A majority of members of the Blue Ribbon Panel on Standard Setting for Private Companies voted in favor of establishing a separate standard-setting board for private company accounting at a meeting Friday, but will wait until December to issue its final recommendations.

The draft recommendations will mostly be one of the proposed models, known as Model 2B, using GAAP with exceptions for private companies and a separate private company standards board. However, the draft will also include some details of another model, known as Model 2A, which uses GAAP with exceptions for private companies and a restructured Financial Accounting Standards Board instead of a separate board for private companies. The panel will meet again on December 10 to review the draft recommendations prepared by FASB assistant director Jeffrey Mechanick and then present its final recommendations to the Financial Accounting Foundation’s trustees, which will take them into consideration. The FAF oversees FASB and the Governmental Accounting Standards Board.


Earlier in the meeting, Leslie Seidman, who began serving as acting chair of FASB on Oct. 1, urged the panel to give FASB more of a chance and described the steps the board has been taking to include more perspective from private company constituents. FASB has been holding roundtable meetings with private company representatives, hiring extra staff dedicated to private company outreach, and expanding the board back to seven members, one of whom may be from the private company environment.


“One of the key attributes that we’re looking for in that search is practical experience in dealing with private company issues, whether from a practitioner point of view, preparer point of view, or investor point of view,” she said. “If we can get more than one of those perspectives in the same individual, that would be wonderful. I think these changes will bring the private company voice into the discussions earlier and help us do a better job with that cost-benefit assessment. It also allows us to participate in more meetings with constituents and attend conferences devoted to private company issues. We’ve already made some changes in our outreach activities.”

However, Rick Anderson, who chairs the panel, cited a recent survey by the panel that found widespread dissatisfaction with private company accounting. “The existing standards don’t give users what they need,” he said. The survey found, for example, that CPA firms with six to 20 partners believed that if private companies were subject to a limited or simplified set of standards, companies would benefit because they would be more apt to have a financial statement audit. However, other panelists noted that few private company owners responded to the survey. Most of the responses came from CPAs and other financial statement preparers.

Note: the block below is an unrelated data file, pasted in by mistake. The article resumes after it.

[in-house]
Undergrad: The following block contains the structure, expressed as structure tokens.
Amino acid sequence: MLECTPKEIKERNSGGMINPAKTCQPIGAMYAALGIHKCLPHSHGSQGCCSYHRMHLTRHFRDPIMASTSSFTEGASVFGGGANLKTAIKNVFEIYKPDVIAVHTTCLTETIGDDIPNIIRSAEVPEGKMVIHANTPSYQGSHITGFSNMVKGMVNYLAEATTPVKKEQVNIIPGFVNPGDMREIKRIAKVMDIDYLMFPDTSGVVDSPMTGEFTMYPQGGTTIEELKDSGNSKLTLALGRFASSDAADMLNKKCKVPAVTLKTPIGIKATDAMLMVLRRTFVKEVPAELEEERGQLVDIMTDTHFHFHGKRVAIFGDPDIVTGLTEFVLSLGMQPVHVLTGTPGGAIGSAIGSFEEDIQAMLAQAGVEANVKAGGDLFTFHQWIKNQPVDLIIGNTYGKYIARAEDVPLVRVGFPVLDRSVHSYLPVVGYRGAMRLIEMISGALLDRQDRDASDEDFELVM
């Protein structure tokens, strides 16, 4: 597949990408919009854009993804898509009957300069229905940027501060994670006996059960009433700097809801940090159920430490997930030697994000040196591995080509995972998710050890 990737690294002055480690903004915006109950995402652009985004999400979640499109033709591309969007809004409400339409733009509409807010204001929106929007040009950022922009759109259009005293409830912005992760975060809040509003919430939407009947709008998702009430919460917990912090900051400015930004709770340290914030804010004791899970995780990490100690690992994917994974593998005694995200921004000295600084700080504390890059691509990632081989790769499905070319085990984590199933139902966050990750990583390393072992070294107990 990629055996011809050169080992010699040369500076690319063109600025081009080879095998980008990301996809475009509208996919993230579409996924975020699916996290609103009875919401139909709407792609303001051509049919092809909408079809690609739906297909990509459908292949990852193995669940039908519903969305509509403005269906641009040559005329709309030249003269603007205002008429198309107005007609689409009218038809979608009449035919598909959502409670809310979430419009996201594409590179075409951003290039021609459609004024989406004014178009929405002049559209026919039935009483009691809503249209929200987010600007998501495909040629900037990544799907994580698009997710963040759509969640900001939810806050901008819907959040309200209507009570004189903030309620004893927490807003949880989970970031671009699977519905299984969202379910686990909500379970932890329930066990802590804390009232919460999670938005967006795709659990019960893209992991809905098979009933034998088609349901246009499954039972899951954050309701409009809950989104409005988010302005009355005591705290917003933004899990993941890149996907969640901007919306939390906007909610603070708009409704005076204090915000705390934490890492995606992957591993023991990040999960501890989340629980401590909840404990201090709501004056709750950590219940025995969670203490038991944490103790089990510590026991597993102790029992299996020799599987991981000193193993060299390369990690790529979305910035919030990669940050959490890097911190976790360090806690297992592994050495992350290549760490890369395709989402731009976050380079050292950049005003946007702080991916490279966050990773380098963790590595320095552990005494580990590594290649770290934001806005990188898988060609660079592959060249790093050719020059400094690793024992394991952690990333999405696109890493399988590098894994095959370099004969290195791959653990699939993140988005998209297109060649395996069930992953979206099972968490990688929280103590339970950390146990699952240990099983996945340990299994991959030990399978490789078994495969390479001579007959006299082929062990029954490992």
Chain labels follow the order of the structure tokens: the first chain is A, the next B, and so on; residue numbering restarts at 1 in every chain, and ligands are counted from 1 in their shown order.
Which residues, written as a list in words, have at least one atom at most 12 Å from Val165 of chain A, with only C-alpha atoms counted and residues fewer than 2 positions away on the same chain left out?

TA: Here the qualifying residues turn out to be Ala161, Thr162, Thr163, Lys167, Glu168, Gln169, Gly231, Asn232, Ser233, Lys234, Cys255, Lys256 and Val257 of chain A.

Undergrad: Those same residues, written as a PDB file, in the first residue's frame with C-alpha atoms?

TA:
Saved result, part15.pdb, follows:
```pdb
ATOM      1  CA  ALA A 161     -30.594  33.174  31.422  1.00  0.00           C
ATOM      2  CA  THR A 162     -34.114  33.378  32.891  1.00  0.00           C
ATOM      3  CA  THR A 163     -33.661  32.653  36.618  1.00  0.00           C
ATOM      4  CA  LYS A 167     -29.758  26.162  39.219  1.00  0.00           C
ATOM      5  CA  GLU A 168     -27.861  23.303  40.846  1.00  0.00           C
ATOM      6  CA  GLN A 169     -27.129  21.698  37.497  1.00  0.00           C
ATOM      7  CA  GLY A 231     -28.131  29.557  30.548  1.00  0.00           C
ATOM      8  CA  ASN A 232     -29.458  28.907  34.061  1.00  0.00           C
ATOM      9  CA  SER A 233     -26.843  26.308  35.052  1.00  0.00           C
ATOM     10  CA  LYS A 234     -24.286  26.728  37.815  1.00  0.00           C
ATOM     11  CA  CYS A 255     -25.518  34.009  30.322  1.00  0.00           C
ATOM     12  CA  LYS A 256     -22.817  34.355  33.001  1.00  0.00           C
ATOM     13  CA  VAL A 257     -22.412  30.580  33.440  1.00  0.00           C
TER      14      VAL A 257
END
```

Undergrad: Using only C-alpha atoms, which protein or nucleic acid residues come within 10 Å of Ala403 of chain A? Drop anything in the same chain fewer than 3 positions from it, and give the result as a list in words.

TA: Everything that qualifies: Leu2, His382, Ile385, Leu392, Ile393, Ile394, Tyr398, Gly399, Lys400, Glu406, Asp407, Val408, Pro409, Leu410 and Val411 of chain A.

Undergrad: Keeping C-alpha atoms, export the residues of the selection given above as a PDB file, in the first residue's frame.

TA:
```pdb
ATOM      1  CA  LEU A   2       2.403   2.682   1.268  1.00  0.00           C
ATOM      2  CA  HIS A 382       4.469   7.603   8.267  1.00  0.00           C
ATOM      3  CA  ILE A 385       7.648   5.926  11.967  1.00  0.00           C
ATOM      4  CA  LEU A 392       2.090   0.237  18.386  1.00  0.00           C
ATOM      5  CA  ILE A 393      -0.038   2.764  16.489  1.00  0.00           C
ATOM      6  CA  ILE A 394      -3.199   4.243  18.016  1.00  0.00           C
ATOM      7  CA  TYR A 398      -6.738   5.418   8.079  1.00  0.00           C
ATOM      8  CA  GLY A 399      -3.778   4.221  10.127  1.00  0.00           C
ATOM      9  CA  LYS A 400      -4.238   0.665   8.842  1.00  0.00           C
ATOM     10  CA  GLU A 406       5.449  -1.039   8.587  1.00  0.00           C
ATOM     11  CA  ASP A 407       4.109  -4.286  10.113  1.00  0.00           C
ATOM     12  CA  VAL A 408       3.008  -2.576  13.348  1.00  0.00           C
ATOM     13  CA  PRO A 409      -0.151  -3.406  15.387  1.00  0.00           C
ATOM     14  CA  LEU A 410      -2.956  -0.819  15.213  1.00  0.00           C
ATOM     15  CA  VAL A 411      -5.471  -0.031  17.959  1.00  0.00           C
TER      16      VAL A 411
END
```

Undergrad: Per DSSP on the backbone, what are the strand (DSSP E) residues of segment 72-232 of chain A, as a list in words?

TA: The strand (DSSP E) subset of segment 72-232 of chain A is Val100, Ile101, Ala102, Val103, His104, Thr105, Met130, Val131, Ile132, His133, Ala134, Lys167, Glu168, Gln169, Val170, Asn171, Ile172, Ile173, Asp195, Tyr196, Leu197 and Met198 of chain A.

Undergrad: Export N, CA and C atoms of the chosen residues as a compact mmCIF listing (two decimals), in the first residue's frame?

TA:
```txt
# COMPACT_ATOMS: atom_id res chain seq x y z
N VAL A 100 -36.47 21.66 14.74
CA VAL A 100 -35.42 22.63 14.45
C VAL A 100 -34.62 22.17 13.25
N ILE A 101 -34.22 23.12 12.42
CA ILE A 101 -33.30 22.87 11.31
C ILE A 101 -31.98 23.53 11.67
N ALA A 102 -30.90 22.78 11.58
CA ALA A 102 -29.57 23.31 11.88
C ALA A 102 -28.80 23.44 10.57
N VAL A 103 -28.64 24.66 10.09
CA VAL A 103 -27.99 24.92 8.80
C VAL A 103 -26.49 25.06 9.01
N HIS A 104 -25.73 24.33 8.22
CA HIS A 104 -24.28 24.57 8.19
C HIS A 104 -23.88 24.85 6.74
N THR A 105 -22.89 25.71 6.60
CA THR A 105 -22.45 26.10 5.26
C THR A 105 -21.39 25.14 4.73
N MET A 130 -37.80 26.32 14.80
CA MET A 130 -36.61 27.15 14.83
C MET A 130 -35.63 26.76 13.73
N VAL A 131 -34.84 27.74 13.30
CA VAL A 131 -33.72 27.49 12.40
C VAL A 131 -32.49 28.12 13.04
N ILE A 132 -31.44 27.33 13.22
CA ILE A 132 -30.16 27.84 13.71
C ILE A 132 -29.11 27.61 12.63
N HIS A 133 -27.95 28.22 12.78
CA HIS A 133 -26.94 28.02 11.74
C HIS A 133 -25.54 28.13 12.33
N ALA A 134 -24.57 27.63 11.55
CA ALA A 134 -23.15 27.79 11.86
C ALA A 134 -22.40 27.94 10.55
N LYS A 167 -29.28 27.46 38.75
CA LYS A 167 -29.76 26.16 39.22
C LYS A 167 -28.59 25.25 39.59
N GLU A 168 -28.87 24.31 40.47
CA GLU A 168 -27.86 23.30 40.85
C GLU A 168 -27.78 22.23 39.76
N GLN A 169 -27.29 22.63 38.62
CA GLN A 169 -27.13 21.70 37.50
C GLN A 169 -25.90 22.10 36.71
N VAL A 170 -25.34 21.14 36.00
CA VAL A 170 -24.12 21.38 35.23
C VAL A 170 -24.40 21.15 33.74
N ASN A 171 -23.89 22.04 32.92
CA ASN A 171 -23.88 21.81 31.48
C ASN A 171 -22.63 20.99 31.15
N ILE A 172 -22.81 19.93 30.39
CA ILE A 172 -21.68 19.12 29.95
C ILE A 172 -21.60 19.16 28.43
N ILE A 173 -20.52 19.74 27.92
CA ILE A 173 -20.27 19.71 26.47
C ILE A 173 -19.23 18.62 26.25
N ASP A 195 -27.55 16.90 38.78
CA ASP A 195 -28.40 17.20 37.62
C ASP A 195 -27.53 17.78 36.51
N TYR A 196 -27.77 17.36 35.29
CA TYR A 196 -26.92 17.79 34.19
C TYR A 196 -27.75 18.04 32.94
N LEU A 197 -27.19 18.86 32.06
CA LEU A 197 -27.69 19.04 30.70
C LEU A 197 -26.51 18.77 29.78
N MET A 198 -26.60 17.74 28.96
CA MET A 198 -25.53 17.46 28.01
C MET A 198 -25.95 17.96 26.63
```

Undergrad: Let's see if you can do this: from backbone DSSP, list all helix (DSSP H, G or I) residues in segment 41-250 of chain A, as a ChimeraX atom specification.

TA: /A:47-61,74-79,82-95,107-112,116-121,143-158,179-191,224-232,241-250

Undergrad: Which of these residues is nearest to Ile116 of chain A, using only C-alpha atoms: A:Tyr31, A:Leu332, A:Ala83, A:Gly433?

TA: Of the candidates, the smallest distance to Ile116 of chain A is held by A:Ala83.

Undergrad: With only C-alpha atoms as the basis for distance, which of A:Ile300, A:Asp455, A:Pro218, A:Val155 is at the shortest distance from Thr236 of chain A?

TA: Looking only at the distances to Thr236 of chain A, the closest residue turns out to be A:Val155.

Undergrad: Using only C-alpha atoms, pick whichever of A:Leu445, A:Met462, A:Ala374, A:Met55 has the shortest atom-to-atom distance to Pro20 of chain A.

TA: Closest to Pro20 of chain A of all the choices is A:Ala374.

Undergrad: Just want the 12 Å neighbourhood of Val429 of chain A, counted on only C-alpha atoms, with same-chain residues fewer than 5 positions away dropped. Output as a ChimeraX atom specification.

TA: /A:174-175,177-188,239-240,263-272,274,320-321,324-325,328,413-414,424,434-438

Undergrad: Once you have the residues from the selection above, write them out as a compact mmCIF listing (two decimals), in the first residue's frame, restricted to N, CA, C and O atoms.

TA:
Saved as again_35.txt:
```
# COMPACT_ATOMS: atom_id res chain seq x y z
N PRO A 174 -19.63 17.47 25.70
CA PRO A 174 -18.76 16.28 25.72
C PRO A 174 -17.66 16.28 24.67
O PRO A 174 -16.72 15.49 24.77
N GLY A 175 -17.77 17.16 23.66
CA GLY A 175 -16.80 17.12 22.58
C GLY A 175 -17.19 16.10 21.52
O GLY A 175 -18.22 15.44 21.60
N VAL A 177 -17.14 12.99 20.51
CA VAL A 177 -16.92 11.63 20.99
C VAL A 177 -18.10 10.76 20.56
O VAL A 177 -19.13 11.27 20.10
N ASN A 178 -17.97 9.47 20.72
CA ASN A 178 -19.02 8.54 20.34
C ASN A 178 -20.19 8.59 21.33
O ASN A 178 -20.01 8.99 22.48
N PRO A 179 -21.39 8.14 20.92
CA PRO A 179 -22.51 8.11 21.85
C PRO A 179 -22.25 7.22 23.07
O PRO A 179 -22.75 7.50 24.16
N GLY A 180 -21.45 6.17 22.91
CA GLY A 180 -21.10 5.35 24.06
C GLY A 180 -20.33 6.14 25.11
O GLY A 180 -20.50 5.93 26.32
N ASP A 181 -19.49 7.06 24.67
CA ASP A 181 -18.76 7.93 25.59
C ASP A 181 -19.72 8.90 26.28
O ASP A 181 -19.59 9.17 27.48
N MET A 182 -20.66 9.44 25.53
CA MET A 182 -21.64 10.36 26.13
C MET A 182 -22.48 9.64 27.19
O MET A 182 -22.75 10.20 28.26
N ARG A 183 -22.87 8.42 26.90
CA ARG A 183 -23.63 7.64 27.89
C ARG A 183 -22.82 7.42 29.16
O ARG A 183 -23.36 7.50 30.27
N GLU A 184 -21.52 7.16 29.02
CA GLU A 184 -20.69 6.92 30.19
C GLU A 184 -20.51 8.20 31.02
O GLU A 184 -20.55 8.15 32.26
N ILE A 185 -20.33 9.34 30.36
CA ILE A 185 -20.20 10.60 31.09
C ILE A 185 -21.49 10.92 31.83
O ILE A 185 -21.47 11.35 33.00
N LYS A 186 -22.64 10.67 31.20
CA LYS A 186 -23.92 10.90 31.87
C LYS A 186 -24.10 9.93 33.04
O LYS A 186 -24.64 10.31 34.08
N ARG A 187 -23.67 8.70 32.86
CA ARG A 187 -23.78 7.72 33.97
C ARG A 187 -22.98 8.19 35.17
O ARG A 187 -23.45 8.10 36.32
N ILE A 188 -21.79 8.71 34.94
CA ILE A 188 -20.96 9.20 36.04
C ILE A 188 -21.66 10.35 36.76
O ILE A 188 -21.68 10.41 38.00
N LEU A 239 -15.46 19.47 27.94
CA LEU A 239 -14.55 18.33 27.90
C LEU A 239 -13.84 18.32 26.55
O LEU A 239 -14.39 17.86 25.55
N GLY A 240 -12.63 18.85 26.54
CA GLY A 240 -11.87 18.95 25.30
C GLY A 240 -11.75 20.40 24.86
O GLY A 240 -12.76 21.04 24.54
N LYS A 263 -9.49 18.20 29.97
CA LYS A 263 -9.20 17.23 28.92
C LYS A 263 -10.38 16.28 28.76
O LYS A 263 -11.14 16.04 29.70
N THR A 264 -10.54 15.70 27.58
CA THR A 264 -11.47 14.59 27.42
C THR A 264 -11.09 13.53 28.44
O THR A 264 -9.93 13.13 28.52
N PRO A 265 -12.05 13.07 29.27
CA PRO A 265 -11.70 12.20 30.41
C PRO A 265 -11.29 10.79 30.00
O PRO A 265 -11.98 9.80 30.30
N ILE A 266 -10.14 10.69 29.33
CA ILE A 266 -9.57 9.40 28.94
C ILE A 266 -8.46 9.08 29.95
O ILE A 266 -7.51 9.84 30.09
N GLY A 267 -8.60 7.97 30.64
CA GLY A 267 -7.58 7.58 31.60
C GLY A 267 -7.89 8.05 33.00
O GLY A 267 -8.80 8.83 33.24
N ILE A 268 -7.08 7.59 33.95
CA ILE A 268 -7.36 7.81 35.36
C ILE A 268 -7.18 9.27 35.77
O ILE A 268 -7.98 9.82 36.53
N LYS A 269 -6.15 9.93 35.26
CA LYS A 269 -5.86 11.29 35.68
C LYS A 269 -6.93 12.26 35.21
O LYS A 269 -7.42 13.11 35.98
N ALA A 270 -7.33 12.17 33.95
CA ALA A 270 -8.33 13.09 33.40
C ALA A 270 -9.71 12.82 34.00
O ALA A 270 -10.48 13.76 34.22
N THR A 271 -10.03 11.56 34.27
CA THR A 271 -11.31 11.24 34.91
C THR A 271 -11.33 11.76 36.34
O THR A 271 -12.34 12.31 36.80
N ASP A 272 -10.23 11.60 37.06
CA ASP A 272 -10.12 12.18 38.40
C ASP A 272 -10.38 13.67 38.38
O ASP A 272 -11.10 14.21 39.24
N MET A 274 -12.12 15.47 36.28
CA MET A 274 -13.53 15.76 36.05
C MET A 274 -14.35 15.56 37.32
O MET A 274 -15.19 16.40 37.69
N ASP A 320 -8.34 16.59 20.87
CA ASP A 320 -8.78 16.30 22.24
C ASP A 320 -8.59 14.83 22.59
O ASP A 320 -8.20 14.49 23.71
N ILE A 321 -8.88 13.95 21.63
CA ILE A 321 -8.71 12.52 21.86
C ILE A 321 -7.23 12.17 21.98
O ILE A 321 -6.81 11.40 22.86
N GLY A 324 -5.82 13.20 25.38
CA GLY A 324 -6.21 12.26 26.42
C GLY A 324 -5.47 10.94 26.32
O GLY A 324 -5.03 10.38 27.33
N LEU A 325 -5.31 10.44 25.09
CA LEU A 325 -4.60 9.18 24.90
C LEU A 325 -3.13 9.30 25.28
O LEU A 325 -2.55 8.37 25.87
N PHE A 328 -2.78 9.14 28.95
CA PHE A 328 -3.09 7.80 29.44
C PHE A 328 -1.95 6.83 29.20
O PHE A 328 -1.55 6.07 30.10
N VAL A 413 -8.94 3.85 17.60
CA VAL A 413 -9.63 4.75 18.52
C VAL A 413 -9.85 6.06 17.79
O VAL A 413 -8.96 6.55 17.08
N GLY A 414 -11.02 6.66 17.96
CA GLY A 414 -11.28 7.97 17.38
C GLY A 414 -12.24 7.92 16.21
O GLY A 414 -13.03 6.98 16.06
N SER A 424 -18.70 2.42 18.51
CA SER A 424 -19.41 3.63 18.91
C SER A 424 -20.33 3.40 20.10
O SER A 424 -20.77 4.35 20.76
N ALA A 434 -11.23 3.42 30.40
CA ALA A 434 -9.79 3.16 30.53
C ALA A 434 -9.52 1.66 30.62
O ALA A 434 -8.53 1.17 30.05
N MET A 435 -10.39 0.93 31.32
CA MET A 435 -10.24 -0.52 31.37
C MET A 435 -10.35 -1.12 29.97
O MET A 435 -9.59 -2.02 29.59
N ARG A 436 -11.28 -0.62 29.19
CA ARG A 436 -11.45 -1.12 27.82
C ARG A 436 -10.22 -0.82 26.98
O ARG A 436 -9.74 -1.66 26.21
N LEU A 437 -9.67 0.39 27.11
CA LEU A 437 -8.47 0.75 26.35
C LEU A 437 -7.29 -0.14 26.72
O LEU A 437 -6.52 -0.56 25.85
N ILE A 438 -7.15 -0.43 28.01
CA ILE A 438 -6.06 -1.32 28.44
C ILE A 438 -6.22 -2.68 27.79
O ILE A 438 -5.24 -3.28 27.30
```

Some panelists were concerned about the confusion that might result with FASB in the midst of converging accounting standards with the International Accounting Standards Board, and having another set of accounting standards to deal with, while questions linger over areas of disagreement like fair value measurement.

AICPA president and CEO Barry Melancon argued that the panel would be able to make more of an impact on accounting standards for private companies without having to deal with market regulations and different levels of government involvement in regulating publicly held companies that make the process of standard setting so complicated. “Just because we can’t fix it for the public companies, then some people would argue that we can't address it with the private. It's sort of 'share my pain' is the concept. I'm not sure that's a good test in that particular environment,” he said.


Judy O’Dell, who chairs the Private Company Financial Reporting Committee, a joint committee of FASB and the AICPA, described her frustrations with the standard-setting process for private companies. “When the PCFRC was formed, my understanding was that we would  be issuing not comment letters but recommendations, but those would be debated at the board level. It was very difficult to get any traction after any standard was out there.” However, she acknowledged that FASB had become more responsive and she was now seeing FASB board members sitting in on PCFRC meetings. “If four years ago, the PCFRC would have operated the way it was envisioned, maybe we wouldn’t be here now,” she said.

Anderson noted that Canada has a separate standard-setting board for private companies, and the U.S. could follow a similar model. “We’re not talking about something that’s not being done in other major economies,” he said. “We’re not talking about doing something so radical that it’s not been done before.”

The panel plans to discuss the draft report containing its recommendations at its next meeting on December 10 at the FAF offices in Norwalk, Conn. It is then expected to issue the report to the FAF Board of Trustees in January 2011 and then to the public. After deliberation, the FAF Trustees’ resulting action plan is expected to be subject to further input from constituents, including exposing the plan for public comment prior to its being implemented.

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